"If you had never heard about Bitcoin before, would you care about a payments network that:
-Couldn’t move your existing money
-Had wildly unpredictable fees that were high and rising fast
-Allowed buyers to take back payments they’d made after walking out of shops, by simply pressing a button (if you aren’t aware of this “feature” that’s because Bitcoin was only just changed to allow it)
-Is suffering large backlogs and flaky payments, which is controlled by China
-In which the companies and people building it were in open civil war?"

Read more about it here 

Sunday, 9 July 2017

Pope Francis is such a crododile


'Pope warns G20 against 'dangerous alliances' damaging poor, migrants: paper'

Read more here https://www.reuters.com/article/us-g20-germany-pope-idUSKBN19T09W


LoL. It was a dangerous alliance BEFORE Trump. Who created the refugee crisis anyway + the mercenaries + the deaths? Sure as hell wasn't Russia, China, and North Korea. No mention of US insane foreign policy. No mention of Saudi Arabia, Turkey, Israel, UAE et co. You care about the poor, dear Francis? Then start attacking rent seeking, and begin first by attacking and ending the Catholic Church's position as a long time big-ass rent seeker (receptacle of unearned income, i.e. the rentier excess charge levied upon the real economy, which is a huge cost to production and consumption).

Wednesday, 5 July 2017

The North is booming



At a time when the US is trying to squeeze the Kim regime through new sanctions — pressure that is likely to increase as a result of the death of US student Otto Warmbier who was jailed in North Korea — the economy is showing signs of vitality that could make it even harder to exert leverage on Pyongyang.

Any analysis of the North Korean economy has to proceed with some caution. Reliable economic data for the isolated nation are scarce and estimates vary wildly. Forecasts for 2015 growth in gross domestic product per capita ranged between -1 per cent by the Bank of Korea in Seoul to 9 per cent from the Hyundai Research Institute.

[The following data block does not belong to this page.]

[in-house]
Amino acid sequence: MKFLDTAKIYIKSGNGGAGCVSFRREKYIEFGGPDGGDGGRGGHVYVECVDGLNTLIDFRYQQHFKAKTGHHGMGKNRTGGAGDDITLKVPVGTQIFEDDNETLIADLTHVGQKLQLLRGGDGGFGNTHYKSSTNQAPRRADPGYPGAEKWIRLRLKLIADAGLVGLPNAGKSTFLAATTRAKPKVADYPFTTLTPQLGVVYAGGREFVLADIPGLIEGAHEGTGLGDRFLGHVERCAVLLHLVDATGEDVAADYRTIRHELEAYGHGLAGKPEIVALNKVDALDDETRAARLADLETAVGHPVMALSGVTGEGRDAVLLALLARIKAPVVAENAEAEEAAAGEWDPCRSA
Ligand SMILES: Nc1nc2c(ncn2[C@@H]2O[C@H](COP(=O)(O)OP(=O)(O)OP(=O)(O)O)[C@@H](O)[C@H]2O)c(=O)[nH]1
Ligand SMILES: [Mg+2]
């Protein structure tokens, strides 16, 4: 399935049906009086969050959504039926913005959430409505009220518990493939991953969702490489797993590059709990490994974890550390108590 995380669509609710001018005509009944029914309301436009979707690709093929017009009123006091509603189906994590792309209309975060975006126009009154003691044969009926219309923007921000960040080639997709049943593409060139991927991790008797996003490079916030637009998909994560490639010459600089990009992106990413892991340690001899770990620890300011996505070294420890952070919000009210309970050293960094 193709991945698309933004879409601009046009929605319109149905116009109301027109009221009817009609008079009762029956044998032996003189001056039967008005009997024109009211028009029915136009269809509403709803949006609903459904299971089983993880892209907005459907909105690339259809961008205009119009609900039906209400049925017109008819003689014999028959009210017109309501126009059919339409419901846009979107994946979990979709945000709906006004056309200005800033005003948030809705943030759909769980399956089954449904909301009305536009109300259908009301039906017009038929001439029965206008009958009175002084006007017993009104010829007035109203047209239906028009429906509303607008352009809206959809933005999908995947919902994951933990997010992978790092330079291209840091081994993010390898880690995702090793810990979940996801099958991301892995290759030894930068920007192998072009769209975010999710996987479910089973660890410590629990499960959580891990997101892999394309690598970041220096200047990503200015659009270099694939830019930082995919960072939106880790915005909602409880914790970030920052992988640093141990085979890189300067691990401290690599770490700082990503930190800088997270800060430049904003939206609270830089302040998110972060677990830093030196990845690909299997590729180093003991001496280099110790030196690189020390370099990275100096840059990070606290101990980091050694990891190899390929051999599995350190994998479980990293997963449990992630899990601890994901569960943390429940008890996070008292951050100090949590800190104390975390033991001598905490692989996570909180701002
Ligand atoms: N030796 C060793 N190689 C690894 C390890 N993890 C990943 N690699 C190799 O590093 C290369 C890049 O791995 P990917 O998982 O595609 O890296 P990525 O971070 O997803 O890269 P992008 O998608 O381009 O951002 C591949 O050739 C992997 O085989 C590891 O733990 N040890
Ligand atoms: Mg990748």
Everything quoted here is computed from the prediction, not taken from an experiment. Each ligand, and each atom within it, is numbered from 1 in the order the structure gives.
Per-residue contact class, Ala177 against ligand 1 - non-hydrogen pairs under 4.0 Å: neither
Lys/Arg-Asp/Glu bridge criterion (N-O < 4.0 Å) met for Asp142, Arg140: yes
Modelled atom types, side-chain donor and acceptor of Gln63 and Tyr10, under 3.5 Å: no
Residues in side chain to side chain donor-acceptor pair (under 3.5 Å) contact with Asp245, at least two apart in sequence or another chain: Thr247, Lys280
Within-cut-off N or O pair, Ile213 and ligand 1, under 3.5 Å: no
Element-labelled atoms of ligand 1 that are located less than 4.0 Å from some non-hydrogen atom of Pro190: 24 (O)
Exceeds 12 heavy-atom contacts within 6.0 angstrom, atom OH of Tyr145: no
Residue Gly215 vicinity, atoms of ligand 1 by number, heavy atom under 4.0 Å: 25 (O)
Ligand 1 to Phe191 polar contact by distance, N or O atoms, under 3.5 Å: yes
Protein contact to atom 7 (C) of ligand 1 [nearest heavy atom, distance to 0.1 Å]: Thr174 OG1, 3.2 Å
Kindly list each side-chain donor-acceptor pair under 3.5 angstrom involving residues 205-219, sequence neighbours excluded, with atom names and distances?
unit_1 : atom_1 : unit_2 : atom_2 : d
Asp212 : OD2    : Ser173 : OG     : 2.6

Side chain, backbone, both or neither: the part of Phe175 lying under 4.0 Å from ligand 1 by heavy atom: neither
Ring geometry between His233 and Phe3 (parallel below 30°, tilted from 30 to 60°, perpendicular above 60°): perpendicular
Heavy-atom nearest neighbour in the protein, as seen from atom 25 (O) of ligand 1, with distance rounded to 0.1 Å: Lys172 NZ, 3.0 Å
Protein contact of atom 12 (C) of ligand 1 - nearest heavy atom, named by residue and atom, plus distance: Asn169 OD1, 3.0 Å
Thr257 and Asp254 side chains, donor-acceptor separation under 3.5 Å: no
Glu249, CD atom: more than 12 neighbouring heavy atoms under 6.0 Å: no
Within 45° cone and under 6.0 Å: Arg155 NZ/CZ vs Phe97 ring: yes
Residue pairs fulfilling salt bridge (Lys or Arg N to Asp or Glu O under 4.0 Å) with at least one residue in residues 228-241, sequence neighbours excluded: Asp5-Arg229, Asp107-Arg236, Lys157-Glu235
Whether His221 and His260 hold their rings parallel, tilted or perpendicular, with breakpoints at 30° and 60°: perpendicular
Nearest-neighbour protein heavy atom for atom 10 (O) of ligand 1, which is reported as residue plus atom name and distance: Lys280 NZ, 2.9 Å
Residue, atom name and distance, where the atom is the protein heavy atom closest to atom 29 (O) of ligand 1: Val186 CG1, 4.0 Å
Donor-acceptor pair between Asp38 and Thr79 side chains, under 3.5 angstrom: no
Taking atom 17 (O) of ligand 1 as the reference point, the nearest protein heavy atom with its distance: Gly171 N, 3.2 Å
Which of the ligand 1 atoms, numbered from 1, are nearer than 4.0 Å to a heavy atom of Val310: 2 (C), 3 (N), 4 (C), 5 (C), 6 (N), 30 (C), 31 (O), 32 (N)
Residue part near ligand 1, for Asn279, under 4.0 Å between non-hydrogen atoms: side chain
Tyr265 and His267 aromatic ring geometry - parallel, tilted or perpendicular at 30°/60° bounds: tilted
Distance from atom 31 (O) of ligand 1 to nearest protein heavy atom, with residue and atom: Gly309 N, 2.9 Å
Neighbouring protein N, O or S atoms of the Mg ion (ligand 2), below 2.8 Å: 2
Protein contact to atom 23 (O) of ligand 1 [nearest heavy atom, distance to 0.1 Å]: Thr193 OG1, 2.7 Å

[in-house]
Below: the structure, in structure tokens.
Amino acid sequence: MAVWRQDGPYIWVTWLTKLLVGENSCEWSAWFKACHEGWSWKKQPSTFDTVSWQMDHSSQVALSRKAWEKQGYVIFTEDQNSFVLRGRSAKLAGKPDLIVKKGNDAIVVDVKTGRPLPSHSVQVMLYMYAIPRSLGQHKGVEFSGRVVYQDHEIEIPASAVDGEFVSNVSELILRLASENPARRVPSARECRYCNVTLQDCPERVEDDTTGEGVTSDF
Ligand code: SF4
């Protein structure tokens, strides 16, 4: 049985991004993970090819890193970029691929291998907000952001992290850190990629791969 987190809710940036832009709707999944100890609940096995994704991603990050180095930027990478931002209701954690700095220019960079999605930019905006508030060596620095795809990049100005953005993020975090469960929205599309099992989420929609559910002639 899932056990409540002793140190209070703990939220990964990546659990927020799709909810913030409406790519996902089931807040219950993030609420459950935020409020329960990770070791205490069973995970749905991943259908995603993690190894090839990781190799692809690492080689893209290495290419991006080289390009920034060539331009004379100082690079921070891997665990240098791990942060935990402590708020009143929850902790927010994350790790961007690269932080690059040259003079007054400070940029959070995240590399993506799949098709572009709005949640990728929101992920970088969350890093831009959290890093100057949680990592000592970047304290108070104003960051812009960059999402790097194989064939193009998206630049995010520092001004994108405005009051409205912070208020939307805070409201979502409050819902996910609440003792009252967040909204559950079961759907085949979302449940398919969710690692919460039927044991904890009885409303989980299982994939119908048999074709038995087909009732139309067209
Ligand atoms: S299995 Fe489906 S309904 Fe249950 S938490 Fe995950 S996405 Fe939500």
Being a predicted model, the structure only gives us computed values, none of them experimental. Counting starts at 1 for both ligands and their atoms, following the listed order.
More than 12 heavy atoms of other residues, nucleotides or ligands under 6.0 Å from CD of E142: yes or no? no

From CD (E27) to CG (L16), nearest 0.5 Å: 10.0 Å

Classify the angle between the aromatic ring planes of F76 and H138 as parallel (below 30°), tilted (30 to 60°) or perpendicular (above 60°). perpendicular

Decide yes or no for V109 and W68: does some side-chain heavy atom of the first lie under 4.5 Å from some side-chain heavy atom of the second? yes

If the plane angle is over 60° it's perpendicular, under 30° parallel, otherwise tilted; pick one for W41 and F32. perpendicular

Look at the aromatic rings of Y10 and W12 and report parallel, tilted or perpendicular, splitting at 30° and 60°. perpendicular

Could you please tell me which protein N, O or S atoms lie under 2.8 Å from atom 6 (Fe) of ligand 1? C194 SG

“The challenges of accurately computing North Korea’s GDP are many and are derived principally from a paucity of credible macroeconomic data,” says Kent Boydston, analyst at the Peterson Institute for International Economics. But for close watchers of the reclusive nation, the signs of change are clear. Notably, wages have surged, as has the growth of a moneyed class known as the donju. “The changes are obvious when you go to Pyongyang. There is vehicular traffic and the city has a skyline like never before,” says a former US intelligence official, pointing out the growing use of previously rare items like solar panels and air conditioners……..

The result, according to North Korea watchers such as Prof Lankov, is “a significant improvement in living standards” and economic vibrancy, most evident in the flourishing number of restaurants and markets. Known as jangmadang, these markets — both official and unofficial — have proliferated rapidly in recent years and are now increasingly the norm for purchasing consumer goods.

According to a survey of more than 1,000 defectors by the Korea Development Institute, a state-run think-tank in Seoul, more than 85 per cent of North Koreans now use these markets for food, compared with 6 per cent who rely on state rations.

Wages have also appeared to increase exponentially in recent years. According to the institute, salaries in the official state sector have increased more than 250 per cent in the past 10 years to about $85 (more than 75,000 North Korean won) a month, while wages in unofficial “side” jobs, such as private enterprises, have boomed more than 1,200 per cent. Lee Byung-ho, then head of South Korea’s intelligence service, estimated earlier this year that 40 per cent of North Korea’s population is now engaged in some type of private enterprise.
Read more here

Monday, 3 July 2017

Something is rotten in the state of … Britain



"They cannot keep accumulating debt and reducing saving while income growth is flat and real purchasing power growth is negative.

The crunch will come and Britain will fall into recession unless the Tories end their obsession with austerity.

Of course, the recession will be falsely blamed on the Brexit choice, whereas, in fact, it will be the result of poor policy choices." ~Bill Mitchell

Read more here